cpu=2
memory=2048M
network0_type="virtio-net"
network0_switch="public"
disk0_type="virtio-blk"
disk0_name="disk0"
disk0_dev="sparse-zvol"
uuid="7f9fc9e5-c835-11e8-a327-e03f49af0c7d"
network0_mac="58:9c:fc:05:2a:04"

With that, my VM now boots without manual intervention, even though the virtual disk doesn't use grub.

Mercurial escaped colors

After upgrading Mercurial to 4.2 on my FreeBSD 10.x boxes, there was a problem in that the mercurial color extension was now enabled, and suddenly things like hg status were showing output like

ESC[0;34;1mM ESC[0mESC[0;34;1mpf.confESC[0m

after lots of digging, finally figured out it was caused by my PAGER environment variable being set to more, pretty outdated. Fixed it on-the-fly with export PAGER='less -X' and got nice colorized output. Made it permanent by editing ~/.profile and replacing a line I had setting the PAGER with a new one:

PAGER='less -X';    export PAGER

IPv6 World Launch Day

IPv6 Logo I've been working on getting this website up and running under IPv6, and it turned out to be somewhat involved. Firstly, I signed up with Hurricane Electric's tunnelbroker.net, to get IPv6 connectivity, because my ISP doesn't offer it yet. Setup my own DNS servers running nsd, which was a bit of a learning curve, but in the long run I think it'll be better than working with goofy DNS managers like you'd find on registrar or hosting websites. NameCheap is now letting you setup IPv6 glue records right on their website (previously you had to file a support ticket), so that made things easier.

The only big glitch I ran into is that on FreeBSD, using simply

listen [::]:80;

to listen to both IPv4 and IPv6 didn't work. When trying that, I found that any request coming in as IPv4 would give weird 403 or 404 (I don't remember which) errors, where it seemed nginx just didn't know what virtual host to go to. Linux doesn't seem to have that problem. Ended up using separate listen statements, as in:

listen 80 default_server;
listen [::]:80 default_server ipv6only=on;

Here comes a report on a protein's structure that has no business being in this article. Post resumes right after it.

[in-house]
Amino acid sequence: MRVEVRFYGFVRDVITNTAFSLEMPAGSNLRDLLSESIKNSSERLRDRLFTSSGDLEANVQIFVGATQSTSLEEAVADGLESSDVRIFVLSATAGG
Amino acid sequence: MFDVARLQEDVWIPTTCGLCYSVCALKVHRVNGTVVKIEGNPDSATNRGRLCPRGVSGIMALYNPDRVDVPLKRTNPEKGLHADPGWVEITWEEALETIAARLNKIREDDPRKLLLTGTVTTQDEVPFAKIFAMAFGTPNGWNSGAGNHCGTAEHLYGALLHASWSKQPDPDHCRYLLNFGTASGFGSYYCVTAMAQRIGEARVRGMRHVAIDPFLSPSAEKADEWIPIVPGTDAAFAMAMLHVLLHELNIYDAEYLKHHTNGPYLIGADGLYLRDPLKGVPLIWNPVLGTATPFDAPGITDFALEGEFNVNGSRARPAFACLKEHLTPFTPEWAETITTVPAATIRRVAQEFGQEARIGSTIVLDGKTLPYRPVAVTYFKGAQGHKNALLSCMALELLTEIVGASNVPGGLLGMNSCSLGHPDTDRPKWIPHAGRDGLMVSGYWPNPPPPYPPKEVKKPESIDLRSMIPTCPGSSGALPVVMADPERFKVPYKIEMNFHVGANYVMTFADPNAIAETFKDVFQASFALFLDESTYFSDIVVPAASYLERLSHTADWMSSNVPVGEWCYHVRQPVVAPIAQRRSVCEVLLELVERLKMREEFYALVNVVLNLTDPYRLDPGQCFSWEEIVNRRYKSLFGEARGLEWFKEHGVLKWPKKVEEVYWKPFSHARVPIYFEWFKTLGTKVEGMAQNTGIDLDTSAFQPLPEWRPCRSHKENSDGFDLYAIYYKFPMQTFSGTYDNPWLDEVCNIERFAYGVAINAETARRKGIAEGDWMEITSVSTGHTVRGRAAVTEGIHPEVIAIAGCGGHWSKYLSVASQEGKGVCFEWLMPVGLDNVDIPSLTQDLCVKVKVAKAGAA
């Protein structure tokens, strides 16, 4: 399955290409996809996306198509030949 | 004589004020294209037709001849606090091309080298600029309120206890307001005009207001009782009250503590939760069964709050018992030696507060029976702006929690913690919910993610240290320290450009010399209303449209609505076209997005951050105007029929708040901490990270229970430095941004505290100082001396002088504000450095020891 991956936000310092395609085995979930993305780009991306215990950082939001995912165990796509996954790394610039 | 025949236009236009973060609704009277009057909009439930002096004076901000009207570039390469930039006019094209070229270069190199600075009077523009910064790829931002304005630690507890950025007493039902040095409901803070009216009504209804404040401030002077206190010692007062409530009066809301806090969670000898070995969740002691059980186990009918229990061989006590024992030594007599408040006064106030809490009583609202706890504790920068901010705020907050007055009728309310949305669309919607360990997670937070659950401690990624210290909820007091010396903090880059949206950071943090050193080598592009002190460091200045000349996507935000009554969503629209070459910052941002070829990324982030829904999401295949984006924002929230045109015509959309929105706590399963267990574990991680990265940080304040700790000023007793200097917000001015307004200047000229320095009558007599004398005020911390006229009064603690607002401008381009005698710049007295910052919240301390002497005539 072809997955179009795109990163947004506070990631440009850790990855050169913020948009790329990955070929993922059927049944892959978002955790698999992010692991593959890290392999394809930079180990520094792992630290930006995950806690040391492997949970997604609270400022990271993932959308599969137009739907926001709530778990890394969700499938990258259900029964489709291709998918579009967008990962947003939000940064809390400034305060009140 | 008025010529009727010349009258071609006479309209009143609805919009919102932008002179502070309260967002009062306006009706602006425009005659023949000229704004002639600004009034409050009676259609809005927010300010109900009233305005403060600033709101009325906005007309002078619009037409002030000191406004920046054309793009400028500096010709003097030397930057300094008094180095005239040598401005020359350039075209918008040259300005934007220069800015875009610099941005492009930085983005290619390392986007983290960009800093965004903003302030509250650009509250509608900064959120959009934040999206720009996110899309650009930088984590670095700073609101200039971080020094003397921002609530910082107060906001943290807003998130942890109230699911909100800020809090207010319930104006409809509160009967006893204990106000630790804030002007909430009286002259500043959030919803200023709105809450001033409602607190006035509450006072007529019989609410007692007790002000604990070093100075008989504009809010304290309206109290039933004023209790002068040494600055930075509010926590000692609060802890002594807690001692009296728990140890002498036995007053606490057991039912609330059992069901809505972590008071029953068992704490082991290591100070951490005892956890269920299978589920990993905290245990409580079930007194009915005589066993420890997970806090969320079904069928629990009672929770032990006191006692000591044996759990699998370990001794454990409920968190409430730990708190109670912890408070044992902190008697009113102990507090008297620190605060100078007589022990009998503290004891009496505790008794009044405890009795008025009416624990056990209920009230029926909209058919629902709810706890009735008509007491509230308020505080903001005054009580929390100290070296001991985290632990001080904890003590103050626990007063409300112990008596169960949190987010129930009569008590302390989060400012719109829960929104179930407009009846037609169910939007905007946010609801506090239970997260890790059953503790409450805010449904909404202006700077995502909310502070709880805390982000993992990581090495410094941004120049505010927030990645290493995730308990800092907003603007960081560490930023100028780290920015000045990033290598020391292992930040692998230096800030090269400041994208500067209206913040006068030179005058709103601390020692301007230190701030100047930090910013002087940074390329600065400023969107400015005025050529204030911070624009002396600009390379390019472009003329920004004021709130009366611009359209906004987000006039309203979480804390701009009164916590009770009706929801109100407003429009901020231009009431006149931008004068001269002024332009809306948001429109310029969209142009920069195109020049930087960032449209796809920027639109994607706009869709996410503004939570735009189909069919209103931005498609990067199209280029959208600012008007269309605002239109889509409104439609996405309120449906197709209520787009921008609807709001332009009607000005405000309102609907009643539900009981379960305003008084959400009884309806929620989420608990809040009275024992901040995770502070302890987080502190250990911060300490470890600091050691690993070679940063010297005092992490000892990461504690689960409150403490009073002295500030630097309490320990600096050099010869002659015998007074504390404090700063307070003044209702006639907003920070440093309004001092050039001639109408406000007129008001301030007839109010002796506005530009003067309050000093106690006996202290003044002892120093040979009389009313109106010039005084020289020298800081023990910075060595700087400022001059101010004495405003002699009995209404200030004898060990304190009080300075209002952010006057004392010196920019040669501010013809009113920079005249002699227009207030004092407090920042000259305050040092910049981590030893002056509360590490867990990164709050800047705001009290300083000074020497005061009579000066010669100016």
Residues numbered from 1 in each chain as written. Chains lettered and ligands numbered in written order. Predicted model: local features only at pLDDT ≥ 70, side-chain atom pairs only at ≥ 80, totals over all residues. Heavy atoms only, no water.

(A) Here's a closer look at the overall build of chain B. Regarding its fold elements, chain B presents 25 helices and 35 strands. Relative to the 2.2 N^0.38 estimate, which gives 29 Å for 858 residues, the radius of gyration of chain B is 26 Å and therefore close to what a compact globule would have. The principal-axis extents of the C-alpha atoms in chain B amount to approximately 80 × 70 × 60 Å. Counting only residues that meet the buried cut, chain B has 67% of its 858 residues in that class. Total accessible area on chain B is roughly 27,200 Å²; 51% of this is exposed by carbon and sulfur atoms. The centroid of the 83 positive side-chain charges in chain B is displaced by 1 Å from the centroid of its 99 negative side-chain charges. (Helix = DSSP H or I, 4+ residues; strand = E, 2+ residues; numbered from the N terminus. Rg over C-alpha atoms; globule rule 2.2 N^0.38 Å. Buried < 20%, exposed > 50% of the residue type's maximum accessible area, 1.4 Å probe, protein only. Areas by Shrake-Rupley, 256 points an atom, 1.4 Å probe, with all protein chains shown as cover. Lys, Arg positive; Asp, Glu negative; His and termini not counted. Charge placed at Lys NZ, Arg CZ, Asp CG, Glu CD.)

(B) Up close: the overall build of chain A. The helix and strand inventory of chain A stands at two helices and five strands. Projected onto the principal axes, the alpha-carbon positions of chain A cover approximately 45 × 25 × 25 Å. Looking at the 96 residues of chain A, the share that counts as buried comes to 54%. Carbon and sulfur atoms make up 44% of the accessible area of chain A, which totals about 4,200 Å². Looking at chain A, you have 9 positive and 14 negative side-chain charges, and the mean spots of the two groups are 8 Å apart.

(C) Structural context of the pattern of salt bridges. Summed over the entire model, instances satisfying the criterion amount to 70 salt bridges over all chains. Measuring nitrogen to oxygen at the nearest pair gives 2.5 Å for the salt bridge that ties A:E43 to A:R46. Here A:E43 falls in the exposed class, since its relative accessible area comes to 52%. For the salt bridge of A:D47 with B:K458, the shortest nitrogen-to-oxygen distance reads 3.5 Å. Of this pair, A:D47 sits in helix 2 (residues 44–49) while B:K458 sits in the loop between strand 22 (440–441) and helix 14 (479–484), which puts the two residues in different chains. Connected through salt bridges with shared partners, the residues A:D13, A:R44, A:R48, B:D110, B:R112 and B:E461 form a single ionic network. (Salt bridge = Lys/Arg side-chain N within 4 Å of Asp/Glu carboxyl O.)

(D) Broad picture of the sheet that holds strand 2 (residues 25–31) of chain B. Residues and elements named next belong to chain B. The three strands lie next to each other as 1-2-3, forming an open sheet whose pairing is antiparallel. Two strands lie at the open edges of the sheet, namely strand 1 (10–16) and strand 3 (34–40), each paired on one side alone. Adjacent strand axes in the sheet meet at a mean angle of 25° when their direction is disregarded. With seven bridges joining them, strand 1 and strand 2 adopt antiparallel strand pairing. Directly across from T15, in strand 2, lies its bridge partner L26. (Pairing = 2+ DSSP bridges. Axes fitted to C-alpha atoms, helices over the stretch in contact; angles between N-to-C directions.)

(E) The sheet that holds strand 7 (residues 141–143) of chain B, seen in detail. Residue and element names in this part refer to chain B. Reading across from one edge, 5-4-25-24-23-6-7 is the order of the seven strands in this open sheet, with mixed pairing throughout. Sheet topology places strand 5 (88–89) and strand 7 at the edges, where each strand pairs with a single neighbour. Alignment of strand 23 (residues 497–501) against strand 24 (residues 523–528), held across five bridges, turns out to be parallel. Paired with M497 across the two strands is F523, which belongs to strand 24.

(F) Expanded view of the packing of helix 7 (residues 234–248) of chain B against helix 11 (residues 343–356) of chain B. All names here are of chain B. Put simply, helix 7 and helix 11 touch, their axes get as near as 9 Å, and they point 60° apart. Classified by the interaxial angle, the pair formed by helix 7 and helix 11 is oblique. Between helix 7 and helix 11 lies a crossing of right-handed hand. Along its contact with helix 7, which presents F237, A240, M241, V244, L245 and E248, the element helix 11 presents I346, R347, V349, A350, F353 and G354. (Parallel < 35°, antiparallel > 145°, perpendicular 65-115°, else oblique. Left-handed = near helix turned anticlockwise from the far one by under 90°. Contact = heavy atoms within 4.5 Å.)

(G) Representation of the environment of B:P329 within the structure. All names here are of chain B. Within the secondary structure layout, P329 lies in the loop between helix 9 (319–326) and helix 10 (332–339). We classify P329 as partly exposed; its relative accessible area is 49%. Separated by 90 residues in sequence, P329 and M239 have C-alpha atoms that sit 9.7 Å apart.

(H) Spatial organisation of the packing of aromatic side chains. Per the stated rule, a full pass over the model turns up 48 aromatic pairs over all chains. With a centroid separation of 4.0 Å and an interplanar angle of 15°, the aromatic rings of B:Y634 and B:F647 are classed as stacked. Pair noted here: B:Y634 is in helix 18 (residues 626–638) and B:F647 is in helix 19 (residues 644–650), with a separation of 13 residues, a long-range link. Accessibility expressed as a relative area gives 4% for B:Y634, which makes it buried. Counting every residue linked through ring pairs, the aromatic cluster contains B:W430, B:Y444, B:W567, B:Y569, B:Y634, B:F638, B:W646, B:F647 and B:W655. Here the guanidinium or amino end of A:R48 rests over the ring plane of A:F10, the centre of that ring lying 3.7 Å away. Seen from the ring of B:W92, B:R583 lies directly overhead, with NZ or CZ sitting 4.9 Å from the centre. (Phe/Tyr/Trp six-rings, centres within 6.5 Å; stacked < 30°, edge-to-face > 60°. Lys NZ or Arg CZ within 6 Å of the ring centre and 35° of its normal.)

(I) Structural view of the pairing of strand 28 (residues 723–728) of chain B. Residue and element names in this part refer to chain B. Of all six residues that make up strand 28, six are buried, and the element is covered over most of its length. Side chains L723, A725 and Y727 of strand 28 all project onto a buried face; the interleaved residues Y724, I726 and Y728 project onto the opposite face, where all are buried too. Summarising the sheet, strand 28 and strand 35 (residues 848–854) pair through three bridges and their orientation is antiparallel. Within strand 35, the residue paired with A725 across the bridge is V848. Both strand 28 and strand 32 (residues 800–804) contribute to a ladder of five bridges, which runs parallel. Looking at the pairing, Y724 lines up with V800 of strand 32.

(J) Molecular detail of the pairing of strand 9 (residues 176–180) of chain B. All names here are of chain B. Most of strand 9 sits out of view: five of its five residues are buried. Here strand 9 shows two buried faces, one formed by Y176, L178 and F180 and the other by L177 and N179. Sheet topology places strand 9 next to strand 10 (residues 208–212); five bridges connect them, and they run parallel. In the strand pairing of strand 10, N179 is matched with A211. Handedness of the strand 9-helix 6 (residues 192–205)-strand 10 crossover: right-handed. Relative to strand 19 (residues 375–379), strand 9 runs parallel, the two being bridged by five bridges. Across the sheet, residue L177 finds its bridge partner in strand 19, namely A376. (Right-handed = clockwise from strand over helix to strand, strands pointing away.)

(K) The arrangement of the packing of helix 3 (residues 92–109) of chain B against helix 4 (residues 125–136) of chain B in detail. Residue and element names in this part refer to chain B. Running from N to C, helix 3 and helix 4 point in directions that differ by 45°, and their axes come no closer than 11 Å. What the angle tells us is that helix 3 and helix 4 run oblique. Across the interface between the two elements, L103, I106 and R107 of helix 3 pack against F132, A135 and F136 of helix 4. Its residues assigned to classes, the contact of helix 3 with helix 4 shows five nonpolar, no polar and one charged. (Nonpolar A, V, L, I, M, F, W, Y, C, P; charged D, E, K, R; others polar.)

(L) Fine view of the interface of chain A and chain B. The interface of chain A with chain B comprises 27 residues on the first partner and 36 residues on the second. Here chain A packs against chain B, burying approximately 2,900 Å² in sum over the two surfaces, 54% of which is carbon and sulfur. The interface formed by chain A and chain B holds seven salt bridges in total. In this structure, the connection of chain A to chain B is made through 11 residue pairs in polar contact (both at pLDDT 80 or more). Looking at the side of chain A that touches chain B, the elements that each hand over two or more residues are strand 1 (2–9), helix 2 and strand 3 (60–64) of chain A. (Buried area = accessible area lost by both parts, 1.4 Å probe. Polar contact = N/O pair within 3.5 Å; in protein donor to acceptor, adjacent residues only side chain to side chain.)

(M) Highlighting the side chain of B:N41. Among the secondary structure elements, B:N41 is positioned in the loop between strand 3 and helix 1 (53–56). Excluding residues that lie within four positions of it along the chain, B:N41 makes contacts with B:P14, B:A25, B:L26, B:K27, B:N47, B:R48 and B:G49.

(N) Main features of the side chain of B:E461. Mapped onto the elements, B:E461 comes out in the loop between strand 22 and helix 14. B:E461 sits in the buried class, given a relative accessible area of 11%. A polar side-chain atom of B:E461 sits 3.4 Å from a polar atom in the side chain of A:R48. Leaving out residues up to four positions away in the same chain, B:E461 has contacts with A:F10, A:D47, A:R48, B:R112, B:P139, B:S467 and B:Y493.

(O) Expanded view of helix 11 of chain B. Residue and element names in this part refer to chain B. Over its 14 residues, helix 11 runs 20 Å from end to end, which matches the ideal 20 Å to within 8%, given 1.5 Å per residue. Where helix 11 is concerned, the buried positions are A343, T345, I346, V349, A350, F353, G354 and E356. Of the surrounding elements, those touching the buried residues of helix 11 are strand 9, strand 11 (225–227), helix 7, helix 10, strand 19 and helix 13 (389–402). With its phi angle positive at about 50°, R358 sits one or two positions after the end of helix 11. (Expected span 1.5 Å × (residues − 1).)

for the main site, but VERY IMPORTANTLY, the remaining sites could not have the ipv6only=on directive, they just simply say

listen  80;
listen [::]:80;

(found that trick in this ServerFault page). This also has the advantage of showing proper IPv4 IP addresses in the logs, instead of IPv4-mapped IPv6 addresses such as ::ffff:11.22.33.44, so I ended up doing the same thing on a Linux box even though it handled dual-stack by default just fine.

I also for testing purposes, made aliases

To force one protocol or the other. When you use http://barryp.org/blog/, it's not obvious which you're using.

RabbitMQ FreeBSD port

I was happy to see a FreeBSD port added for RabbitMQ, net/rabbitmq, although I found a couple problems with it: it doesn't start automatically when your machine or jail boots, and when building the rabbitmq-erlang-client, it errors out with:

src/amqp_channel.erl:28: can't find include lib "rabbitmq_server/include/rabbit.hrl"
src/amqp_channel.erl:29: can't find include lib "rabbitmq_server/include/rabbit_framing.hrl"

I worked on the port a bit, and submitted a bug report and patch, ports/127033, that fixes these problems.

SSH in a FreeBSD jail

I've been running lots of FreeBSD jails on various servers I maintain, and one thing I've noticed is that using ssh or scp from inside a jail often results in the error: Host key verification failed. A little Google searching turns up this explanation, that the problem is caused when you jexec into the jail instead of logging in normally through SSH.

I often run the jails in a pretty minimal way and don't really want to run sshd in them, and fortunately the problem can be worked around somewhat. Apparently the Host key verification failed. error is caused when SSH is unable to show you this type of prompt:

The authenticity of host 'foobar.edu' can't be established.
DSA key fingerprint is 7c:ac:b0:da:be:3c:c2:00:00:00:00:ce:db:fb:49:77.
Are you sure you want to continue connecting (yes/no)?